Continuing the series on patron saints of our oblates. Today is the feast day of St. Erconwald, patron of Michael Erconwald Andrews, Obl.S.B. Happy Anniversary!
St. Erconwald, pray for Michael and for the St. Benet Biscop Chapter of St. John’s Oblates.
[Image: St. Erconwald instructing monks. An illuminated initial from the Chertsey Breviary.]
St. Bede’s History of the English Church and People, Book IV, Chapter 6
[In 675] Theodore [the archbishop of Canterbury] appointed Earconwald bishop of the East Saxons in the city of London, over whom at that time reigned Sebbi and Sighere … This Earconwald’s life and conversation, as well when he was bishop as before that time, is said to have been most holy, as is even now testified by heavenly miracles; for to this day, his horse-litter, in which he was wont to be carried when sick, is kept by his disciples, and continues to cure many of fevers and other ailments; and not only sick persons who are laid under that litter, or close by it, are cured; but the very splinters cut from it, when carried to the sick, are wont immediately to bring healing to them.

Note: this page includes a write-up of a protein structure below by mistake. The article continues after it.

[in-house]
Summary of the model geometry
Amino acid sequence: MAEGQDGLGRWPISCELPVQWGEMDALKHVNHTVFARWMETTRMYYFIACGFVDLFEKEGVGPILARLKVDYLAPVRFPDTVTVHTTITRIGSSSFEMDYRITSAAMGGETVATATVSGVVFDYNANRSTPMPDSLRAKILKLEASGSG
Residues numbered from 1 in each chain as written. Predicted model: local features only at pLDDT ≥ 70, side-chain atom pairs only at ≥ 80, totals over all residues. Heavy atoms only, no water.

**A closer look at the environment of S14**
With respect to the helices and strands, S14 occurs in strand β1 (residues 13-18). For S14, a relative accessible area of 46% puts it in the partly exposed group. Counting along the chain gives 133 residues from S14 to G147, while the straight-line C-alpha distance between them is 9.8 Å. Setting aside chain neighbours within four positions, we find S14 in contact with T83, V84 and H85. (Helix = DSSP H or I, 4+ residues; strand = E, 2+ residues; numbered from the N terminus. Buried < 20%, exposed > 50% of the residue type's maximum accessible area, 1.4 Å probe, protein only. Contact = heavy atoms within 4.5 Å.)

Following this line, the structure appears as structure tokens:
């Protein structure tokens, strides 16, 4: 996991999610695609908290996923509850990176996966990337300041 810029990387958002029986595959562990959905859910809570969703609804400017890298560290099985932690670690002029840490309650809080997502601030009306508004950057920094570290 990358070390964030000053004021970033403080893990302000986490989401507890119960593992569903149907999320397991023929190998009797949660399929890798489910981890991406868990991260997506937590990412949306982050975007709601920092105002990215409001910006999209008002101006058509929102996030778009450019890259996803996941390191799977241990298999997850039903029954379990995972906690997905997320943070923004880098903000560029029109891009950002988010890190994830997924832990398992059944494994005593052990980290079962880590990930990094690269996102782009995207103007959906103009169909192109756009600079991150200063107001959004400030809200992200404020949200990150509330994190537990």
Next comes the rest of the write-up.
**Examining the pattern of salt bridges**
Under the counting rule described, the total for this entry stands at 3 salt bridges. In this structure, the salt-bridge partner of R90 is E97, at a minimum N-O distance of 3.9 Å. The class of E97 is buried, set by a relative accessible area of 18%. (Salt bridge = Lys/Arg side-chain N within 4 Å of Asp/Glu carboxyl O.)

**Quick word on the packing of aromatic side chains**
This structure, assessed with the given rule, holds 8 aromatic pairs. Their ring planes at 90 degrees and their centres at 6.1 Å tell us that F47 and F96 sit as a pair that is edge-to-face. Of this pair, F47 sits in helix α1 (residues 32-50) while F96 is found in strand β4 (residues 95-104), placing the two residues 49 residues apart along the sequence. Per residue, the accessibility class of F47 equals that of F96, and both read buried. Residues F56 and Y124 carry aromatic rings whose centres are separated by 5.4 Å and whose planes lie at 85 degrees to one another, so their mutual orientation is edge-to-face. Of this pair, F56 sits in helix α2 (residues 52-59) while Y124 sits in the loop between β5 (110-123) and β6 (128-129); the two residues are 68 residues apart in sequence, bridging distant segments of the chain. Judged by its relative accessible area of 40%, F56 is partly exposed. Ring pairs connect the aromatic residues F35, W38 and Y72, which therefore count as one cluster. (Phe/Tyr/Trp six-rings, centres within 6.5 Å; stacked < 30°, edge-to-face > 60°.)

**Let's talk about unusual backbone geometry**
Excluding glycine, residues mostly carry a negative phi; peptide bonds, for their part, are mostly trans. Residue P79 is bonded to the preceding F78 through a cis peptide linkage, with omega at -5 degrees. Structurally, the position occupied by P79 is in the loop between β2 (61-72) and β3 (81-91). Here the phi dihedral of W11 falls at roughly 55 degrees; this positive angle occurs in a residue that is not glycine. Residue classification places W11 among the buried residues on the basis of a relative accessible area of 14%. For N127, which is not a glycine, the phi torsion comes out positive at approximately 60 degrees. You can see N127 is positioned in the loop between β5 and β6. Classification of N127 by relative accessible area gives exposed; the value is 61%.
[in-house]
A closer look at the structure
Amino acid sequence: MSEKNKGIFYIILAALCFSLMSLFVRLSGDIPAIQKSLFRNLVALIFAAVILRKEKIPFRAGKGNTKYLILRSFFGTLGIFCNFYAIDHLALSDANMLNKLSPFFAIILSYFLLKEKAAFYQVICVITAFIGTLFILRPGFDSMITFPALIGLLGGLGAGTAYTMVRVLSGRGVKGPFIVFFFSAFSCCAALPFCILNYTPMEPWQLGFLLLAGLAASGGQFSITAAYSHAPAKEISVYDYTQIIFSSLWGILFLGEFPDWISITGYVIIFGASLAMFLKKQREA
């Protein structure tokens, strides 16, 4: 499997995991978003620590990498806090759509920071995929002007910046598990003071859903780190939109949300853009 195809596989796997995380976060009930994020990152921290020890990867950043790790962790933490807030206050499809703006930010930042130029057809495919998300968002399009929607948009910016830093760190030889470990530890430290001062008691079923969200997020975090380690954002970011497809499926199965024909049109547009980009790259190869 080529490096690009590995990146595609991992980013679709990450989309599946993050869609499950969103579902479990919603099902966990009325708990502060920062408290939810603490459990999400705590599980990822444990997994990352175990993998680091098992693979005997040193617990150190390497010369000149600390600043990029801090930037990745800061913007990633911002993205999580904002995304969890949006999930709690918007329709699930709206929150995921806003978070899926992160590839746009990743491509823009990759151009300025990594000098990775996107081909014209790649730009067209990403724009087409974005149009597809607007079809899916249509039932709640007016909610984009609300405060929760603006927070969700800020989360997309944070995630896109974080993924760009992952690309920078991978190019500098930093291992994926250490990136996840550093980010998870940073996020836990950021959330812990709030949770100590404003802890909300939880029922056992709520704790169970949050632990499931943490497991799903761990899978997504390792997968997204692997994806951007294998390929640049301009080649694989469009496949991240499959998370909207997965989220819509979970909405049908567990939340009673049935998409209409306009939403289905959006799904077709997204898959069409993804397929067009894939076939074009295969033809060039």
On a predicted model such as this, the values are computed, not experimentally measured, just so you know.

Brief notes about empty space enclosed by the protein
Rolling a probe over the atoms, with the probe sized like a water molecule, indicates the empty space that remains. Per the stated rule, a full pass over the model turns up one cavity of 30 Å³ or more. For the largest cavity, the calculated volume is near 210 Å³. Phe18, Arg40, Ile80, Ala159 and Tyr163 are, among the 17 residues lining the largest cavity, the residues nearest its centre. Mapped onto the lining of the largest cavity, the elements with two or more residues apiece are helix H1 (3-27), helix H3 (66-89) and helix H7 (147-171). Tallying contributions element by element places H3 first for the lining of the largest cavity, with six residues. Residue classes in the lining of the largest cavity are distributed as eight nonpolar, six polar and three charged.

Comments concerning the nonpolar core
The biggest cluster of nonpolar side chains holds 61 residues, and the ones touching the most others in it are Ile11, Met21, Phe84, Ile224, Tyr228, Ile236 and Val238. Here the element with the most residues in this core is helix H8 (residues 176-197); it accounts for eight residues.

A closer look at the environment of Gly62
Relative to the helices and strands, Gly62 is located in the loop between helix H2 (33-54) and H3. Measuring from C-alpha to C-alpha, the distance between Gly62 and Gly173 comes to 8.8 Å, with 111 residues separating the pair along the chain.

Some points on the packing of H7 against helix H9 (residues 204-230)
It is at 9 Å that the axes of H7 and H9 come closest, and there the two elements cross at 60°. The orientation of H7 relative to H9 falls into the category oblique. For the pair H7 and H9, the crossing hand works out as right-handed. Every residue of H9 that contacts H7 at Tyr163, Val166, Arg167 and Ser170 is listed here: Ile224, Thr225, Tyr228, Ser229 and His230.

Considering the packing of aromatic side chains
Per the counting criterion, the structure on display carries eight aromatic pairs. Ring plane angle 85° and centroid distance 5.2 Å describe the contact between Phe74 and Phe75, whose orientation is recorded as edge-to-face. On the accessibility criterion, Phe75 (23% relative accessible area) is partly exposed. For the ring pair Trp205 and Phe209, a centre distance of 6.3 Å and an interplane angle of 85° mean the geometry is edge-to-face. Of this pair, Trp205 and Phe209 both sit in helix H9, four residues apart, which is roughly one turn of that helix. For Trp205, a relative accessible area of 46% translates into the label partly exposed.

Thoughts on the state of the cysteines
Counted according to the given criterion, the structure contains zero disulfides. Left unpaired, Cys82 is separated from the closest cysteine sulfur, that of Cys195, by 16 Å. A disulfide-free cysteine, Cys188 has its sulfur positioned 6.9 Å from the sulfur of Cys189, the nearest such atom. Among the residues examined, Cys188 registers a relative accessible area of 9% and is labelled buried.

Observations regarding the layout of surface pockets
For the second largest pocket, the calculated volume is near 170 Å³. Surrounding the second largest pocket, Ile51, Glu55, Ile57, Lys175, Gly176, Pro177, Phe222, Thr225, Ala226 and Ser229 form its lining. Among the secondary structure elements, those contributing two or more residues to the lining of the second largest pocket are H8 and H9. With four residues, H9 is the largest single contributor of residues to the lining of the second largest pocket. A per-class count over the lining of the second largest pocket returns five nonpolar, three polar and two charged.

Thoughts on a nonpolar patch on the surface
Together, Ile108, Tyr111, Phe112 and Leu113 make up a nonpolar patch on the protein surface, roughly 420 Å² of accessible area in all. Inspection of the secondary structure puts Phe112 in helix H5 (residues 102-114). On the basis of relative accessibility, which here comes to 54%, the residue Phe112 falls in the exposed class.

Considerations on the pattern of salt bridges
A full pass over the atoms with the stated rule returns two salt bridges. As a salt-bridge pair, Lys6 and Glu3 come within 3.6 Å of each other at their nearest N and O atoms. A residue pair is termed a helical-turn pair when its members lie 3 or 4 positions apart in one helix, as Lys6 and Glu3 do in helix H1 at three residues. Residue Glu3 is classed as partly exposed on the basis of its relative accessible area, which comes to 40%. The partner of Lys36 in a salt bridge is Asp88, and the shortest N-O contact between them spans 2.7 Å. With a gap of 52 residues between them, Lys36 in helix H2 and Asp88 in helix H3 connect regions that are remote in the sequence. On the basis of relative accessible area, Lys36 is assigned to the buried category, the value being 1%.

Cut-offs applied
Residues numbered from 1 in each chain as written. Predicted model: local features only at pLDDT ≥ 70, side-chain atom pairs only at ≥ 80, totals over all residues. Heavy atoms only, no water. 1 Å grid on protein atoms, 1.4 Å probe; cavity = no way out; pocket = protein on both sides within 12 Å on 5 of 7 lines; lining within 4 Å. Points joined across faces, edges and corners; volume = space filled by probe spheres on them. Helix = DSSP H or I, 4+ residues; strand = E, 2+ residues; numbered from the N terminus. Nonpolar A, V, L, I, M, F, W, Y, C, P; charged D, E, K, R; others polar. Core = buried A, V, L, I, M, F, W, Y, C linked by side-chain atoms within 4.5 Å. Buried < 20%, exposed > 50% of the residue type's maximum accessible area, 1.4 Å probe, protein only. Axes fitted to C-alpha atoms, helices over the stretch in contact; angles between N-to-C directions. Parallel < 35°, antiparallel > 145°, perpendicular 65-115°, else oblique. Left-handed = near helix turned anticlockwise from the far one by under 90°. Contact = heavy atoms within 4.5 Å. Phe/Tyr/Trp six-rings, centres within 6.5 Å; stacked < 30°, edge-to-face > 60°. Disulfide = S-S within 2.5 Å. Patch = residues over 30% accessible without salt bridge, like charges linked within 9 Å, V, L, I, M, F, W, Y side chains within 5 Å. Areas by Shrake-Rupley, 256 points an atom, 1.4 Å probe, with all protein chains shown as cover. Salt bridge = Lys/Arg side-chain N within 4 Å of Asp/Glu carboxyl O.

This man, before he was made bishop, had built two famous monasteries, the one for himself, and the other for his sister Ethelburg, and established them both in regular discipline of the best kind. That for himself was in the district of Sudergeona, by the river Thames, at a place called Cerotaesei [modern-day Chertsey], that is, the Island of Cerot; that for his sister in the province of the East Saxons, at a place called In Berecingum
, wherein she might be a mother and nurse of women devoted to God. Being put into the government of that monastery, she showed herself in all respects worthy of her brother the bishop, by her own holy life and by her regular and pious care of those under her rule, as was also manifested by heavenly miracles.
[Further information:] St. Erconwald succeeded Wini [Bishop of London and first Bishop of Winchester] in 675 and died about 693. He was canonized. It was in his house that the reconciliation between Theodore and Wilfrid took place. It is said that as a boy he had heard Mellitus preach in London. He was present at the West Saxon Witenagemot which enacted the “Dooms [Anglo-Saxon customs] of [King] Ine” and is spoken of as one of Ine’s bishops, Essex being probably subject to Wessex at that time.